South Sudan blogger and government critic killed

Hereward Holland

* Journalists complain of harassment, detention

* Police say yet to establish motive for killing

JUBA, Dec 6 (Reuters) - A South Sudanese blogger and

government critic has been shot dead in his home, a week after

unknown men threatened to kill him unless he stopped writing,

his family said on Thursday.

Police confirmed that Diing Chan Awuol, who wrote online

opinion pieces for newspapers and blogs, was shot in the face on

Wednesday morning.

It was the first time a journalist has been killed in South

Sudan since it gained independence from the north in July last


Journalists have frequently complained of harassment and

detention by the new nation's security services. Last year, the

authorities closed a newspaper after it criticized President

Salva Kiir for allowing his daughter to marry a foreigner.

In his last piece, published by the Paris-based Sudan

Tribune website, Awuol broached a sensitive subject by calling

on Kiir's government to foster better ties with its old foe

Sudan and refrain from supporting rebel groups there.

The Khartoum government says the south backs rebels in two

Sudan border states. The south denies this and South Sudanese

newspapers usually support that stance.

A week before his death, Awuol, who wrote under the pen-name

Isaiah Abraham, complained that unknown men were attempting to

silence him, his brother William Chan said.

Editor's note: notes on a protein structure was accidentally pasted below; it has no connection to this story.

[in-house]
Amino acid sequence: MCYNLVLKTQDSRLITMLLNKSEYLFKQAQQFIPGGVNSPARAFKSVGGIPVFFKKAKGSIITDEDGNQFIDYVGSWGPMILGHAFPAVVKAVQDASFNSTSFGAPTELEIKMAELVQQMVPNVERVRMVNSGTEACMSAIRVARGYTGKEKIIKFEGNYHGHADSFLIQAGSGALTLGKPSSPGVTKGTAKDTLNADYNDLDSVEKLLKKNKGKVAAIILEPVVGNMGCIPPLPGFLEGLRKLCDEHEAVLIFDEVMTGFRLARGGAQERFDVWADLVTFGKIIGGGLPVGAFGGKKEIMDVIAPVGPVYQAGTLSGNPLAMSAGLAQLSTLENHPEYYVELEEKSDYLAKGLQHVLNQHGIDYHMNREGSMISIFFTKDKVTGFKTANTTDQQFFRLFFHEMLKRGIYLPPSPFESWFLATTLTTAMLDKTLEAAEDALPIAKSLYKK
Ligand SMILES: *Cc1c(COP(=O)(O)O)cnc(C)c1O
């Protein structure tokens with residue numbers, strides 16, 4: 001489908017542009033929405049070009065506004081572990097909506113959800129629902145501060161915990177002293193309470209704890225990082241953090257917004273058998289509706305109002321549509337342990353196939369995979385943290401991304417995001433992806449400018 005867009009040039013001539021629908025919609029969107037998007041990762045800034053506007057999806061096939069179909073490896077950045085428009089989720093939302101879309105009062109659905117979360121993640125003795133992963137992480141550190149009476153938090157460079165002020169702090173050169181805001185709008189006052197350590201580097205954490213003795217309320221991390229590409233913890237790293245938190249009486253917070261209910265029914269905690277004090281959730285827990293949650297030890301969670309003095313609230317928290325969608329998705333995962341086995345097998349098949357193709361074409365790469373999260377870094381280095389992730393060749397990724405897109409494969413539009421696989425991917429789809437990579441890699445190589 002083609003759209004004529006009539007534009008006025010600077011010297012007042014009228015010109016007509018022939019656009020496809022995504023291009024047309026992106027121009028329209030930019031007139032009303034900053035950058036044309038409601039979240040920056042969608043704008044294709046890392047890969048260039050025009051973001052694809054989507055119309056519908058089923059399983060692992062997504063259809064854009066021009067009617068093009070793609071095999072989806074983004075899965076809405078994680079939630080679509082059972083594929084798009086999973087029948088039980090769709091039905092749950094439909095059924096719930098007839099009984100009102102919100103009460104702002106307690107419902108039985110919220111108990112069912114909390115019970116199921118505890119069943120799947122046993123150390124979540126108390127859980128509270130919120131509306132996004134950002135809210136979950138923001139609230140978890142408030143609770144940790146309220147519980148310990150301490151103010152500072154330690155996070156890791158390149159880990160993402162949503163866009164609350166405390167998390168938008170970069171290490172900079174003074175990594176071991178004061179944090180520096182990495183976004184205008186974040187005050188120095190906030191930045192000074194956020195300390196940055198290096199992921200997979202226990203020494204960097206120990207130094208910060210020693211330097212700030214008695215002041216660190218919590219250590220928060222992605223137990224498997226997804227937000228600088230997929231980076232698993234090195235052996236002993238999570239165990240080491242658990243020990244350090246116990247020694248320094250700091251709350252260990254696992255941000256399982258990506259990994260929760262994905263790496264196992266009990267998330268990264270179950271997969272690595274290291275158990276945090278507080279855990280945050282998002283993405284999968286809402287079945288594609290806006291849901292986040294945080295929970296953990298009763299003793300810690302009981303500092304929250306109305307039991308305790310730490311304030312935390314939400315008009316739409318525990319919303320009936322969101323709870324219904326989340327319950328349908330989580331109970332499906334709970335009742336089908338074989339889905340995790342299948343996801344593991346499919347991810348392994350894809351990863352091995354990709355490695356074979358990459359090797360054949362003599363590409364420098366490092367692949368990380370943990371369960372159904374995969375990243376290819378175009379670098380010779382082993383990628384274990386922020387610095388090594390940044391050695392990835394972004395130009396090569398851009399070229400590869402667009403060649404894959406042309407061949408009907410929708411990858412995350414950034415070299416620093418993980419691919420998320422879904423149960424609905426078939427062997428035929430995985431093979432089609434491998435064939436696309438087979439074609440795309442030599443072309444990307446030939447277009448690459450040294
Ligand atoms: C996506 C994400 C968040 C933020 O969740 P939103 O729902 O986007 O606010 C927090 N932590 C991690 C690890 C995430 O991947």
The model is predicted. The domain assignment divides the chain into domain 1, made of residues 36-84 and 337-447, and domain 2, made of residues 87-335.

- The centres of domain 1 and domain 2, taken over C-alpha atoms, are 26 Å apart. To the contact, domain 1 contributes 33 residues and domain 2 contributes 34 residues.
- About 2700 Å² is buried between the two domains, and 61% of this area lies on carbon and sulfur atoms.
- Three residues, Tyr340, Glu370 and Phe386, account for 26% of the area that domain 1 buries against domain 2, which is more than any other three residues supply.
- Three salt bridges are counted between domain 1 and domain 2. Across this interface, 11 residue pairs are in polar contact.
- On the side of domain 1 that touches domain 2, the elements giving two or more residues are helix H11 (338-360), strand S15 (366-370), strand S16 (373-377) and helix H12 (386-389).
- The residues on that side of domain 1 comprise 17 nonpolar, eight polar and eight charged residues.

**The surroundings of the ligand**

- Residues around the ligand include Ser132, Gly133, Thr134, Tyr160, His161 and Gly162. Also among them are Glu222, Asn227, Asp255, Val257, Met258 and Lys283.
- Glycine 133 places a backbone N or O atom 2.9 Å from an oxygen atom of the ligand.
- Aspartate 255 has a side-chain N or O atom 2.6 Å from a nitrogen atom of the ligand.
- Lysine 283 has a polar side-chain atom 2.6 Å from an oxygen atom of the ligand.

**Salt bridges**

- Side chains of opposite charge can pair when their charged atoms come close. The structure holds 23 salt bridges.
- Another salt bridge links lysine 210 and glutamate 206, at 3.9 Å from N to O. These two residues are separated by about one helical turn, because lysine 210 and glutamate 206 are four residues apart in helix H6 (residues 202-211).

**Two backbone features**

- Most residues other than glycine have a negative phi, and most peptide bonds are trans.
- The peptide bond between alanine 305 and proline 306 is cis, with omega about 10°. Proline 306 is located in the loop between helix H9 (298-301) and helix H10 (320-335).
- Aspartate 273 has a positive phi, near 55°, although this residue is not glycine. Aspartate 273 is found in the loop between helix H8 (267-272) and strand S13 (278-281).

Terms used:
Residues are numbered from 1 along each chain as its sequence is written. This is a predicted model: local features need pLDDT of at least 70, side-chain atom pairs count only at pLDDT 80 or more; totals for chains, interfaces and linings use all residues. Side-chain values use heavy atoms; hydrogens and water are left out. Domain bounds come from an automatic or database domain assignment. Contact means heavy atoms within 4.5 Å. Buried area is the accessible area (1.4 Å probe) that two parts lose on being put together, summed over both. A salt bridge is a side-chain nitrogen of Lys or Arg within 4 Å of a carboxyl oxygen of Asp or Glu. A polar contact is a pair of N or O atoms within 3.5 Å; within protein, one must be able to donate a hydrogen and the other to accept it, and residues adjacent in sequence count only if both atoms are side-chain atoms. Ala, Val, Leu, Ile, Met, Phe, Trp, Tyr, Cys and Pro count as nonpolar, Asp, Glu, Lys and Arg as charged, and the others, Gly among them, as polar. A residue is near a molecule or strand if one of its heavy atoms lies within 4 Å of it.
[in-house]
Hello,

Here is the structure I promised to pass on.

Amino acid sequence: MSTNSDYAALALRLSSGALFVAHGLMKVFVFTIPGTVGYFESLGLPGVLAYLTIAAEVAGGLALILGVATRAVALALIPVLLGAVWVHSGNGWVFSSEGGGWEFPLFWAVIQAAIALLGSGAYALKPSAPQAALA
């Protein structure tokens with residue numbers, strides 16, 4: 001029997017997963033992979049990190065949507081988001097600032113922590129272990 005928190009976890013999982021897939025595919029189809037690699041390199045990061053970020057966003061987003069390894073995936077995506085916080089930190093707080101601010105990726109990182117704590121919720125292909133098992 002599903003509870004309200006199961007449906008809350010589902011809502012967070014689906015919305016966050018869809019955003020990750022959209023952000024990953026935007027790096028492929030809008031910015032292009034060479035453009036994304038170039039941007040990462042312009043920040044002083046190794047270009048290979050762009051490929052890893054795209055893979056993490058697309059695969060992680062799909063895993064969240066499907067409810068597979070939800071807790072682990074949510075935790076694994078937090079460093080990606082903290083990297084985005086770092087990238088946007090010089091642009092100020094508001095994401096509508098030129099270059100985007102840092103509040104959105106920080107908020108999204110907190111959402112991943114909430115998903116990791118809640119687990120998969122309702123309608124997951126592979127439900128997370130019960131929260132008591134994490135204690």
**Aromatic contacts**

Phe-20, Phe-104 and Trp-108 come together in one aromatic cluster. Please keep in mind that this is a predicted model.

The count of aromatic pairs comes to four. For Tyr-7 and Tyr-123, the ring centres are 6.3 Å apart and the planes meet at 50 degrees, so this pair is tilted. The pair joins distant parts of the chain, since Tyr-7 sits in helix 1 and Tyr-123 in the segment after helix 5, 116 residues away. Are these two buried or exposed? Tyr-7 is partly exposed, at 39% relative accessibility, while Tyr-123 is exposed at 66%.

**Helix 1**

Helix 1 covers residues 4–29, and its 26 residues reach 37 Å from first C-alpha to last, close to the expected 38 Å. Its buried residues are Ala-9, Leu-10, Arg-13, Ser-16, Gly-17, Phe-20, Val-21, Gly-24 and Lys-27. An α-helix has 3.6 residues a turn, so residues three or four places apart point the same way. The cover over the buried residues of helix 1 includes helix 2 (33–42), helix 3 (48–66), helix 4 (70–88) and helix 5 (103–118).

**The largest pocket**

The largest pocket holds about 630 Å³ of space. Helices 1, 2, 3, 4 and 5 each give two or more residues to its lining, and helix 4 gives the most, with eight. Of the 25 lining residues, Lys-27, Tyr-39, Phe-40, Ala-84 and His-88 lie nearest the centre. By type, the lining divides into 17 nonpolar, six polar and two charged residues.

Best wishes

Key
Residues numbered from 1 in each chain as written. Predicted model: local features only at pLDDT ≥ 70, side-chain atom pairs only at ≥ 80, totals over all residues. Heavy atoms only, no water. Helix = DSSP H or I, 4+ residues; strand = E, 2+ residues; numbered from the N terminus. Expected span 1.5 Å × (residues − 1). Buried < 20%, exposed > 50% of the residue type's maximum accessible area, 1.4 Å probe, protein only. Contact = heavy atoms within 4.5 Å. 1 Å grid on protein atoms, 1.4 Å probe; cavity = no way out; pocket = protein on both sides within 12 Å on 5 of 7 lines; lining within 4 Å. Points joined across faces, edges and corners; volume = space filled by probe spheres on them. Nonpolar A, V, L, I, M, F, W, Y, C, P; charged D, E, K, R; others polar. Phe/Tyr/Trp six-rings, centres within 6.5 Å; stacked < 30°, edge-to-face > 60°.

"He said he had received threats by phone. (They said)

'either stop writing or we will get rid of you'," Chan told


Police spokesman James Monday said an investigation had

begun and police were yet to identify the shooter or establish a

motive. No property was stolen from Awuol's house, Monday added.

The New York-based Committee to Protect Journalists (CPJ)

called on the government to investigate.

"By getting to the bottom of this murder and bringing the

perpetrators to justice, authorities in South Sudan can

demonstrate their commitment to the rule of law and freedom of

expression," said the CJP's East Africa consultant, Tom Rhodes.

France-based Reporters Without Borders ranks South Sudan

111th out of 179th in its 2011-2012 press freedom index.

Rhodes said he feared press freedom was declining as the

country's economic situation worsens and a government still

unaccustomed to criticism was becoming more intolerant of it.

In January, South Sudan shut down oil production, the

lifeline of the young republic, after tensions escalated with

the north over pipeline fees.

The two countries later came close to war.

Negotiators from Sudan and South Sudan are meeting in

Khartoum this week to try to end a deadlock over how to improve

border security, a step both say is needed to resume oil exports

from the landlocked south via the north.

(Reporting by Hereward Holland; Editing by Ulf Laessing and Tom